Up close with the data, and work, of Indigenous guardians along B.C.’s Central Coast

In our latest newsletter, we look at journalist Jimmy Thomson’s feature on the Heiltsuk, Wuikinuxv and Kitasoo/Xai’Xais nations’ guardian programs

There isn’t a whole lot of federal or provincial monitoring along parts of B.C.’s thousands upon thousands of square kilometres of coast. Coastlines where people get into life-threatening boating accidents. Where poachers sneak out their crab traps. Where oil spills occur and where some of the world’s most magnificent species hang out.

But know who is there to see all this unfold? Indigenous guardians. 

And so, back in 2019, reporter Jimmy Thomson began to wonder: could we get a better sense of just how much of a monitoring and conservation gap these Indigenous land stewards are filling?

Turns out we could — and it’s a heck of a lot. Guardians, who are out on the land and the water on a daily basis, are patrolling massive areas along the coast. Not only that, but these individuals are saving lives, collecting data, filling conservation gaps and reinforcing their sovereignty in the process.

All those details are beautifully captured in this sprawling feature we published over the weekend, a kind of visual journalism we’ve never done before. But before you check it out, let me tell you a little bit about the two-plus-year odyssey to make it all happen.

Jimmy got word in February 2020 that his story pitch, centred on the neighbouring Heiltsuk, Wuikinuxv and Kitasoo/Xai’Xais nations’ guardian programs, had been selected for the inaugural Data Journalism Grant from the Pulitzer Center on Crisis Reporting and Humber College’s storyLAB.

We all know what happened next: March 2020. Yeah, that. 

The pandemic meant Jimmy had to radically alter his travel plans (no planes to the remote area, for starters), but he managed to eventually get the all-clear to visit Wuikinuxv territory, where the community welcomed him with both strict COVID protocol and open arms. That’s not to mention the generosity of all three nations when it came to sharing their patrol data.

“I knew from previous reporting trips for guardian-related stories, both on the Central Coast and in the North, that Indigenous guardians produce a lot of data in the course of their work,” Jimmy tells me. “I asked the Heiltsuk, Wuikinuxv and Kitasoo/Xai’Xais if they would be willing to share that data, and, incredibly, they all did. I’m still blown away by that openness — try asking the Coast Guard or the Parks people for data sometime. I did, and, well, you didn’t see any in the story, now did you?”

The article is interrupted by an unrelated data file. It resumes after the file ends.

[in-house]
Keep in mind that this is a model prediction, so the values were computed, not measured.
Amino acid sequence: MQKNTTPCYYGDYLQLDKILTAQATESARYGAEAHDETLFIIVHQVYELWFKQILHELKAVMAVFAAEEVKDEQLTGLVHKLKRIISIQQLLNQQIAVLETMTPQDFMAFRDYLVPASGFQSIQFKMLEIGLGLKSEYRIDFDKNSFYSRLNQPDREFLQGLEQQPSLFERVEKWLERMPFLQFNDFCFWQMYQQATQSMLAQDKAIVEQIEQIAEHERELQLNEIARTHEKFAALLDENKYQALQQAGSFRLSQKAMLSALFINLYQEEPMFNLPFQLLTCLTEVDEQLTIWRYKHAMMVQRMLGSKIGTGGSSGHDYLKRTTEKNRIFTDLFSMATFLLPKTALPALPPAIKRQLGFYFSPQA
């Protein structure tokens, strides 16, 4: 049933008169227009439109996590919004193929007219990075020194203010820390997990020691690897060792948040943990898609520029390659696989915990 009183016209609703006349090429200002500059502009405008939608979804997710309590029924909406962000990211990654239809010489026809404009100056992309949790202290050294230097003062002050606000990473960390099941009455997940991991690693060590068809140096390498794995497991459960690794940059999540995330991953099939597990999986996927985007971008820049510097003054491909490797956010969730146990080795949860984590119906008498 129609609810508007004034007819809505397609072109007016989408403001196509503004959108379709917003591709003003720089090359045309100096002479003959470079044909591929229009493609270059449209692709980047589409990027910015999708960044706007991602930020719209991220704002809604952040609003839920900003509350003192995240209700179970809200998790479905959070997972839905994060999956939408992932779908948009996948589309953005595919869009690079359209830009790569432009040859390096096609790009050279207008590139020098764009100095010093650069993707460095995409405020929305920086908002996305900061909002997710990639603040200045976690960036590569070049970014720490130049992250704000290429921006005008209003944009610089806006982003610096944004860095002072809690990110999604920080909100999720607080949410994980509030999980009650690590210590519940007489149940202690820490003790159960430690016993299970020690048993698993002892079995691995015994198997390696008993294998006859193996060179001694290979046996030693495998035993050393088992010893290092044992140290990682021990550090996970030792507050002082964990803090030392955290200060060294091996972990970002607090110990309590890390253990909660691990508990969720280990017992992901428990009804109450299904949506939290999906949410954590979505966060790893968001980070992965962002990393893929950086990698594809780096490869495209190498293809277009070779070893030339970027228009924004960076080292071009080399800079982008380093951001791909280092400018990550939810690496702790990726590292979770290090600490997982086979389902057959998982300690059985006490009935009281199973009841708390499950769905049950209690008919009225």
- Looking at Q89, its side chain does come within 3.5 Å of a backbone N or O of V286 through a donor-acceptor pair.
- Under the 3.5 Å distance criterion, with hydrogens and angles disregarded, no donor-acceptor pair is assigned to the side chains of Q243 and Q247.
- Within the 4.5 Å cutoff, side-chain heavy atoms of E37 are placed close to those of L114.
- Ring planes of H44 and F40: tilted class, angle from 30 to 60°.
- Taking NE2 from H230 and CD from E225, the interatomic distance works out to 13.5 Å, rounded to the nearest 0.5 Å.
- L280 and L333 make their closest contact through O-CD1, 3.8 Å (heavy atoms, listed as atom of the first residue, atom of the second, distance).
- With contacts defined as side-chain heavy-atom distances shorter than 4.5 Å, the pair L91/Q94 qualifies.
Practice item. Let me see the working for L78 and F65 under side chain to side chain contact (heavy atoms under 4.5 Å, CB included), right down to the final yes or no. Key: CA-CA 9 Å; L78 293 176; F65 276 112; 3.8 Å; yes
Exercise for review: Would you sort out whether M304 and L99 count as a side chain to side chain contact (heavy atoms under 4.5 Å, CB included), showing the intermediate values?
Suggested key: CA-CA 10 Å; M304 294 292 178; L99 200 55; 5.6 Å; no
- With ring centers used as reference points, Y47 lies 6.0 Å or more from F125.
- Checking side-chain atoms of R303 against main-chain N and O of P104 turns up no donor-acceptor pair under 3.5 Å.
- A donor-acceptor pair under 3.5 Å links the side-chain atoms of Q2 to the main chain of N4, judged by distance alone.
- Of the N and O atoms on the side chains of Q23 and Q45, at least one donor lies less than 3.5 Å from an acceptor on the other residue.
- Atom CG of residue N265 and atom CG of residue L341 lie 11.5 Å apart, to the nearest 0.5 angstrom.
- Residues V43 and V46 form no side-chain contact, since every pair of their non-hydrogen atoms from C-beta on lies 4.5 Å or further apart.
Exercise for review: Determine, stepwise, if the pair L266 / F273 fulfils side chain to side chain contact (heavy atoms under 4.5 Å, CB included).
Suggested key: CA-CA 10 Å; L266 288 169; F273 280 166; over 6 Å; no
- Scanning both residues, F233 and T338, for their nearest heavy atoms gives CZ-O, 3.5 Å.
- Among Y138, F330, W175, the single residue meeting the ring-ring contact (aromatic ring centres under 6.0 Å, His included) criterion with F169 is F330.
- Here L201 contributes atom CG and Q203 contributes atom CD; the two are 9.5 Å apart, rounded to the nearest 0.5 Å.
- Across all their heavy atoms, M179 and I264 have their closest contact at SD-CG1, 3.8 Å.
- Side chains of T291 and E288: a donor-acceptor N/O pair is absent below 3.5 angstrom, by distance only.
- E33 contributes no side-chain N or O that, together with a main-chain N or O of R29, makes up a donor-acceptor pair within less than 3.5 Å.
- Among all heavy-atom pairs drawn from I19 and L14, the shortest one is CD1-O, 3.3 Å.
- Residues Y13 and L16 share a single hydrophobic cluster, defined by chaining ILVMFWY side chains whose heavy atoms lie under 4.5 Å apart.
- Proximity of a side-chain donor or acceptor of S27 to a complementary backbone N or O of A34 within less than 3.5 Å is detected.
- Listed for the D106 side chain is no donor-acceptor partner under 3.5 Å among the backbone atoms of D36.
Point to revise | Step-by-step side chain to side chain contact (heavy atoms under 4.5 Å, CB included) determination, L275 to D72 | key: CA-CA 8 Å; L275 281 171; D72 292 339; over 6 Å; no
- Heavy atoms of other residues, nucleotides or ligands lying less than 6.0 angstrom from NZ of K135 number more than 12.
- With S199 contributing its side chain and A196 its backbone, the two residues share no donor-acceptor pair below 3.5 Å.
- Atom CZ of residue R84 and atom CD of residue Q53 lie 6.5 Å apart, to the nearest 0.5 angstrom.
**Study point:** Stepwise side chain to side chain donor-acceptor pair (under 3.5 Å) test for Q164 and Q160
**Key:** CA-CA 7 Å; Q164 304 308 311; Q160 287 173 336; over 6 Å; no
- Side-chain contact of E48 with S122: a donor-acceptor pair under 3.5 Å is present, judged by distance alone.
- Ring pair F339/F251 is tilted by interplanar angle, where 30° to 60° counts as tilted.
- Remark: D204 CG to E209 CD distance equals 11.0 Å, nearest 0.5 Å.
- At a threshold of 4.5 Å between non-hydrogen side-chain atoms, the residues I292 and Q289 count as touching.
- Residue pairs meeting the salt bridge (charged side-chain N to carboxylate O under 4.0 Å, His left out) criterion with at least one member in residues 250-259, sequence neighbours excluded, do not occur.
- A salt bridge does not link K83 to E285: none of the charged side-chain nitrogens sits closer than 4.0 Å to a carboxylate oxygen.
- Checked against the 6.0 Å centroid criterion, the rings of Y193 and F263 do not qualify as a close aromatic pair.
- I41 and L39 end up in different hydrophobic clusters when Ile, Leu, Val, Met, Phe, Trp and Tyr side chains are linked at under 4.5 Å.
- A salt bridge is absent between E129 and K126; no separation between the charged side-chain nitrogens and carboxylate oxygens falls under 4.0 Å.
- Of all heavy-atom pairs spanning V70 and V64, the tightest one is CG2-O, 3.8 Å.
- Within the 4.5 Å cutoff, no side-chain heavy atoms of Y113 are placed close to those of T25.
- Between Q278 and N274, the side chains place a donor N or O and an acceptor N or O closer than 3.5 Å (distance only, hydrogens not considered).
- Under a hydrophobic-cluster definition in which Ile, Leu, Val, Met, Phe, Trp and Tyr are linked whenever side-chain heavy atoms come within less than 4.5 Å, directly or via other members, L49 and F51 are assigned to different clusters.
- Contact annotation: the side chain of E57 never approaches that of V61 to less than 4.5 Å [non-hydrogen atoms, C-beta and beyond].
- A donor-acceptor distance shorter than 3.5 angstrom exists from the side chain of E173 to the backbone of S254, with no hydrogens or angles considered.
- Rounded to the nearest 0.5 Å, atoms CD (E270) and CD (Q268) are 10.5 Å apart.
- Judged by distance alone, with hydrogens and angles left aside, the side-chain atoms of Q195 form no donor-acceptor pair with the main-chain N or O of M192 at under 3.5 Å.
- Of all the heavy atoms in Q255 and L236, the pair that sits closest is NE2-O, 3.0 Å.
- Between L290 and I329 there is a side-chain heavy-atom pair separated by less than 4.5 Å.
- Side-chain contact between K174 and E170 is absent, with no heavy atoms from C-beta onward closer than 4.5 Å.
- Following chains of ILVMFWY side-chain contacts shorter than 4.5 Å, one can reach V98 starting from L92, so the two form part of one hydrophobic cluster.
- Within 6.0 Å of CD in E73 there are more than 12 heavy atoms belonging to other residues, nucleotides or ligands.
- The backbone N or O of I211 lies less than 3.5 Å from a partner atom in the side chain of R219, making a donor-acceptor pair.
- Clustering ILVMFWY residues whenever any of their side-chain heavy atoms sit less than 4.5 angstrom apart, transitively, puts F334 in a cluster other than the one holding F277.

Journalist Jimmy Thomson.
Jimmy has been reporting on guardians programs since 2019 — work that helped inform this project. Photo: Taylor Roades / The Narwhal

When Jimmy filed the piece, patrol data and all, we knew it was the perfect chance to take The Narwhal’s visual storytelling to new heights. We started thinking: ‘how can we truly transport readers to these patrol waters?’ It was a metric tonne of work for everyone involved — extra resources we were able to pour into this stunning feature thanks to the generosity of the 4,300 members who help fund our journalism.

Looping drone footage to kick things off? ✔️
Layered and interactive maps? ✔️
Video interviews with guardians? ✔️
Satellite imagery? ✔️

“The guardians are covering basically the entire coast within their territories,” Jimmy says. “Every inlet, every island — everywhere. It’s truly amazing the reach they have. No government agency that patrols that coast has anywhere near that penetration into the complex geography of the area.”